Saturday, November 27, 2010

Additional Research for Criminologists

It seems that there are further efforts to analyze cultural property issues as criminal law issues. See

But there needs to be more analysis of the foreign laws that form the basis of defining action in the United States as "criminal."

The governments of the most aggressive "source countries" have been rightly criticised to one degree or another for their authoritarian ways, their endemic corruption, or their excessive regulation. Under the circumstances, should law enforcement and the courts use our criminal law to effectuate broad declarations of foreign ownership made by such countries so uncritically? Congress thought it was retaining our nation's "independent judgment" in such matters when it passed the CPIA, but aggressive law enforcement agencies with the help of the archaeological community have broadened the scope of potential criminal liability for violation of foreign law markedly since the CPIA was passed. No one would advocate effectuating foreign laws on press freedom here by prosecuting Americans for insulting foreign leaders. So why put Americans in jail for violations of foreign cultural patrimony laws?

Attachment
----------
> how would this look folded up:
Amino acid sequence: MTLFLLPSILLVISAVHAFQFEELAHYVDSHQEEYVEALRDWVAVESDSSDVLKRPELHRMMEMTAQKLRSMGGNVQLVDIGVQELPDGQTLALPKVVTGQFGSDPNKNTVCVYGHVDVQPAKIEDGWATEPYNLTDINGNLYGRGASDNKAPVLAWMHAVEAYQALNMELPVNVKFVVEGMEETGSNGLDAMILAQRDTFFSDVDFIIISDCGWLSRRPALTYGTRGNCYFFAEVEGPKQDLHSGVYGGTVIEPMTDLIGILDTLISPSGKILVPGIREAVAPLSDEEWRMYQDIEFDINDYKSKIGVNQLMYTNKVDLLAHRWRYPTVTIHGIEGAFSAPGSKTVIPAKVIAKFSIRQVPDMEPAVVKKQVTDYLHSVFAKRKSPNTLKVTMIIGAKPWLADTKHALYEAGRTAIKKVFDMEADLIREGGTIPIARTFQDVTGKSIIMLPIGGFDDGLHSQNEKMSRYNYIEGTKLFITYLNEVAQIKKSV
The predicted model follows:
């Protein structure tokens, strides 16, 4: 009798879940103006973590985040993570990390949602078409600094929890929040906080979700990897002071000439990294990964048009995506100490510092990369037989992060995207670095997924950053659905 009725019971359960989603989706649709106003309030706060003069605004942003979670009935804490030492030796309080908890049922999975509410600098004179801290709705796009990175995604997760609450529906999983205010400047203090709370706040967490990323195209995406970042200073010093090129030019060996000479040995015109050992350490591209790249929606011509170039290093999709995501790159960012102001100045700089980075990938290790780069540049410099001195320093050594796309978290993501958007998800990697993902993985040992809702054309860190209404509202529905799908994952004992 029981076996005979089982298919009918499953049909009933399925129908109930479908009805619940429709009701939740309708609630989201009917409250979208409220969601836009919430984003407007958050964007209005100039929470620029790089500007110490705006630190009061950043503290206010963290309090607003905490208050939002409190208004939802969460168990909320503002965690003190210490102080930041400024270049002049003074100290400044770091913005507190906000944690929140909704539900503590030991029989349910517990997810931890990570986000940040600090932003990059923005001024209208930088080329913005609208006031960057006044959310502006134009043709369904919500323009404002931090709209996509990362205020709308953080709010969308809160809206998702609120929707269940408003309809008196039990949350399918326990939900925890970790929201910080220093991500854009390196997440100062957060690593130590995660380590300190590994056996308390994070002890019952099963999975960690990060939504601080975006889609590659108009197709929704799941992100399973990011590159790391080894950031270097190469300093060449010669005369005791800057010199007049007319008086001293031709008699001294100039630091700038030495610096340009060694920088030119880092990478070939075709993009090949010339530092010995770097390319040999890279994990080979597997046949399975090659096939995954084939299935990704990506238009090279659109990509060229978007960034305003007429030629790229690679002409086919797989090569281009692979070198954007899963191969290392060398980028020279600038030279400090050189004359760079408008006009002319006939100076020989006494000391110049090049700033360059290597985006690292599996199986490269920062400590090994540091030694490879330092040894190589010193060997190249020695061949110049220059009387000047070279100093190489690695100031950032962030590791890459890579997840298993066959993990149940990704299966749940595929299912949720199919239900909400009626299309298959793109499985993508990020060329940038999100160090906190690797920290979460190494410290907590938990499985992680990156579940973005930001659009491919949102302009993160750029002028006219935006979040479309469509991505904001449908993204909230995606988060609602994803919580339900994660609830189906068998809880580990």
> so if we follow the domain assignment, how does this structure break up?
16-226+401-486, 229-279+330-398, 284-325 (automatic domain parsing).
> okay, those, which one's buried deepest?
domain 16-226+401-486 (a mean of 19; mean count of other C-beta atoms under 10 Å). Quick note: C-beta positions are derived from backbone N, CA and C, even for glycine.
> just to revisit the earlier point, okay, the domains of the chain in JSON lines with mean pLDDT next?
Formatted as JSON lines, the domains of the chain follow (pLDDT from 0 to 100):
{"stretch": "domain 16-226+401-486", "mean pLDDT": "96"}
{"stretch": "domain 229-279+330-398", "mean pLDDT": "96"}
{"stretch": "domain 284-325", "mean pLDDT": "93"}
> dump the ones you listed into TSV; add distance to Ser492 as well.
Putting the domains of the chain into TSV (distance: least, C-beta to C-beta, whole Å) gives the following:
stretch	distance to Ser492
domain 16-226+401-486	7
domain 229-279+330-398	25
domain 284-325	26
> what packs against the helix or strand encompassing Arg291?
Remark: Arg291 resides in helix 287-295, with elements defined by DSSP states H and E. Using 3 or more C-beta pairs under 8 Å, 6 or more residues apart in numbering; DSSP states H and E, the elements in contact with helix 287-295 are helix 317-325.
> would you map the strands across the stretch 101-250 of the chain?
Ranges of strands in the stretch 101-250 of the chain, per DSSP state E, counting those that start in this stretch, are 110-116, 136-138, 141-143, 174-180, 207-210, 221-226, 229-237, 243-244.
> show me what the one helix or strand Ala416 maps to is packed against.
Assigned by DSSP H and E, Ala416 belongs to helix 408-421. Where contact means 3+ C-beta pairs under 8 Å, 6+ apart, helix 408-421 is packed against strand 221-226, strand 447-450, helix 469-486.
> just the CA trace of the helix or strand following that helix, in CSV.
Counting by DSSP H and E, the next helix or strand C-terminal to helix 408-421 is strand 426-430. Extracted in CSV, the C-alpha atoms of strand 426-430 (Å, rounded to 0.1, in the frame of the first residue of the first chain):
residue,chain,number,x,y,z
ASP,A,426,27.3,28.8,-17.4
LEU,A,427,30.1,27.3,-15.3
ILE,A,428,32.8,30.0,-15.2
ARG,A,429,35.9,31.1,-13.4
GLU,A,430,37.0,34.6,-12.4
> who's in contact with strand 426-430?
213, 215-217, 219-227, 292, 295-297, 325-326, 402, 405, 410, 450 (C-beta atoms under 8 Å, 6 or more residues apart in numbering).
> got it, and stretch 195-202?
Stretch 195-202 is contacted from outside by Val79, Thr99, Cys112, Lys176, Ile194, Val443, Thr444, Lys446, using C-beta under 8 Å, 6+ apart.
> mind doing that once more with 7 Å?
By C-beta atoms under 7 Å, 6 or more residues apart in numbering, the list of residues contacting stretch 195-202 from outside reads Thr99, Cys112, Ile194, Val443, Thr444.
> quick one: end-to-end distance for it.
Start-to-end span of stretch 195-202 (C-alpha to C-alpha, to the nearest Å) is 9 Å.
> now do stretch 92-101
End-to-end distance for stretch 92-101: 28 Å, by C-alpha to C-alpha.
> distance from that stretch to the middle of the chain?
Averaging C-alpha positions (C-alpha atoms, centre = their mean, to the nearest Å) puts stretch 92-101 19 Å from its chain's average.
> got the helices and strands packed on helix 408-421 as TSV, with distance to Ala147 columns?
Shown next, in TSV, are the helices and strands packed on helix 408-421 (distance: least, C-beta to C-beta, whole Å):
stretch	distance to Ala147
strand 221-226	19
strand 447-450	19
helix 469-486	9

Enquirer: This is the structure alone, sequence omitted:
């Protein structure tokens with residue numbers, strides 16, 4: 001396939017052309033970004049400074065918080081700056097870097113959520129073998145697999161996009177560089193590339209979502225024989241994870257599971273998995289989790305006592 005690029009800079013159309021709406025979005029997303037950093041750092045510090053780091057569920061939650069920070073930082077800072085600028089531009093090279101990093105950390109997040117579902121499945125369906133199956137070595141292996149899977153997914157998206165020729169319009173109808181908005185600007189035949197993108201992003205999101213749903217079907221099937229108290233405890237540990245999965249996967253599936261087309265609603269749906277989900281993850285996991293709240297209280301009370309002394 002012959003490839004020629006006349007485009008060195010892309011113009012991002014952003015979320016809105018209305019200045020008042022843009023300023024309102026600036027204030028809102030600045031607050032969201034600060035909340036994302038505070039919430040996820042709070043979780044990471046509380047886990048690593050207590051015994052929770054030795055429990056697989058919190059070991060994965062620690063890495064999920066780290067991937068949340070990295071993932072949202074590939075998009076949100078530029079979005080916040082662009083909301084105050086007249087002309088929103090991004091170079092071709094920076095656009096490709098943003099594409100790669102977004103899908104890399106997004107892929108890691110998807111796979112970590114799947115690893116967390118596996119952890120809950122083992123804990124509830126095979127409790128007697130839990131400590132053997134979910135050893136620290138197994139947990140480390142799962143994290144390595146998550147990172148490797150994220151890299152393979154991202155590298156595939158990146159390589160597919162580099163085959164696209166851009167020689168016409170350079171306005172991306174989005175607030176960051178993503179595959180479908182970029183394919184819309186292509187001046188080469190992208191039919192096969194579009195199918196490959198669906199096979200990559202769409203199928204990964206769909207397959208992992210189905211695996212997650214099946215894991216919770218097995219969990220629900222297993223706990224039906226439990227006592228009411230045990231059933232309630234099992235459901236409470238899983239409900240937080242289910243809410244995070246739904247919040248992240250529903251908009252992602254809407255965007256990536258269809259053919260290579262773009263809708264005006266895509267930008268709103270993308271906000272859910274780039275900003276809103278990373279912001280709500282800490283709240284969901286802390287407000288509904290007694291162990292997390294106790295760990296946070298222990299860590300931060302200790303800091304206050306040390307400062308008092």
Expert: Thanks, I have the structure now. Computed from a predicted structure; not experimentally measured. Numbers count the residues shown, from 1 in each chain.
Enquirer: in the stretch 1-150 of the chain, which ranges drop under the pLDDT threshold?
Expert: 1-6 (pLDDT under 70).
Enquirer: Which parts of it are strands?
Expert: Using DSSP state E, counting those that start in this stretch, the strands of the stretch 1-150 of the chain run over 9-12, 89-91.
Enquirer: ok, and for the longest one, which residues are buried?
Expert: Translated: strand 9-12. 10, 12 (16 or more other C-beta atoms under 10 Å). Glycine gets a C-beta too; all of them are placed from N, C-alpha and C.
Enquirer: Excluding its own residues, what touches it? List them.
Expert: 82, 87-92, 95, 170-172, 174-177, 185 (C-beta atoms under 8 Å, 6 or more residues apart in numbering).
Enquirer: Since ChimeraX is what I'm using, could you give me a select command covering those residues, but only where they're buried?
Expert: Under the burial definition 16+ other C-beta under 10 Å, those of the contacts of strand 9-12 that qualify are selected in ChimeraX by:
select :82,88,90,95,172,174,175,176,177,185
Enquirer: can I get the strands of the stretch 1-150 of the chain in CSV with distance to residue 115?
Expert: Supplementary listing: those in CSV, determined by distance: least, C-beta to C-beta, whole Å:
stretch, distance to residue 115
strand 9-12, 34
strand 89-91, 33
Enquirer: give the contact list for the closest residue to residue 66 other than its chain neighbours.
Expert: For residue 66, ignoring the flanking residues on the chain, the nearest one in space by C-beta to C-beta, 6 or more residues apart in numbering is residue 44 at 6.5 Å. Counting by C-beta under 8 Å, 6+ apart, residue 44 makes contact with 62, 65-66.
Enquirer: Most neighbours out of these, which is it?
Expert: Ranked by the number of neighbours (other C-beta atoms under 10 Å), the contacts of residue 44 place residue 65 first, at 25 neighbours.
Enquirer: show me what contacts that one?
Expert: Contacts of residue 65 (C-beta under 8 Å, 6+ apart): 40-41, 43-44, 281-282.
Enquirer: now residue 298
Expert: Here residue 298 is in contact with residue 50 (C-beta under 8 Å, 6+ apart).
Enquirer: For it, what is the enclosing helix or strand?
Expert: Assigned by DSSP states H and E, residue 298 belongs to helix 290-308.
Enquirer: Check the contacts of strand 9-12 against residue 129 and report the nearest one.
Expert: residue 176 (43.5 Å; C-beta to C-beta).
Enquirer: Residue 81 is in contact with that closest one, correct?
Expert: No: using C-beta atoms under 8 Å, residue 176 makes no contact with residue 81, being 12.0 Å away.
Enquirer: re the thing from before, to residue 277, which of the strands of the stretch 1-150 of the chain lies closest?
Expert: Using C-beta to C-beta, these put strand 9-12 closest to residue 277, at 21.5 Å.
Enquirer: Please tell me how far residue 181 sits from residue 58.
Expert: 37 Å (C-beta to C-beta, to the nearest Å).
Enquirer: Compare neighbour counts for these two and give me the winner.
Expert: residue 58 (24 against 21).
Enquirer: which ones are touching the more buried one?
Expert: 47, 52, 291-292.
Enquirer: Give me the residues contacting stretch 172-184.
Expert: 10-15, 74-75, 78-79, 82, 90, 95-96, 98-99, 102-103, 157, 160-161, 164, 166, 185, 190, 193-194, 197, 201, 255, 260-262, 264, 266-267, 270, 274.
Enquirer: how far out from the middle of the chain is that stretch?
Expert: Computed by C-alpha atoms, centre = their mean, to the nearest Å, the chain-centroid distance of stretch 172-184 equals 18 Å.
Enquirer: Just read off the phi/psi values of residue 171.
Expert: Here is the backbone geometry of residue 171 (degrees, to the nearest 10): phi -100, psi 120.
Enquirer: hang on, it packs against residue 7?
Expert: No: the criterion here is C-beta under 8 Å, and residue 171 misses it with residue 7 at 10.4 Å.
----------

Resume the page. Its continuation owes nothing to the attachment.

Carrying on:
There also is the issue of how foreign patrimony laws are enforced at home. In countries like China and Greece, there is one law for "the ordinary joe" or the foreigner and quite another for those connected to the powerful. Should this also be taken into account before potential criminal liability is considered?

Finally, there is the issue of the effectiveness of foreign cultural patrimony law. For example, I've read that a large percentage of the Bulgarian population is allegedly involved in illicit metal detecting. If so, potential criminal liability has obviously not changed behavior and other approaches, like that embodied in the PAS and Treasure Act should be considered.

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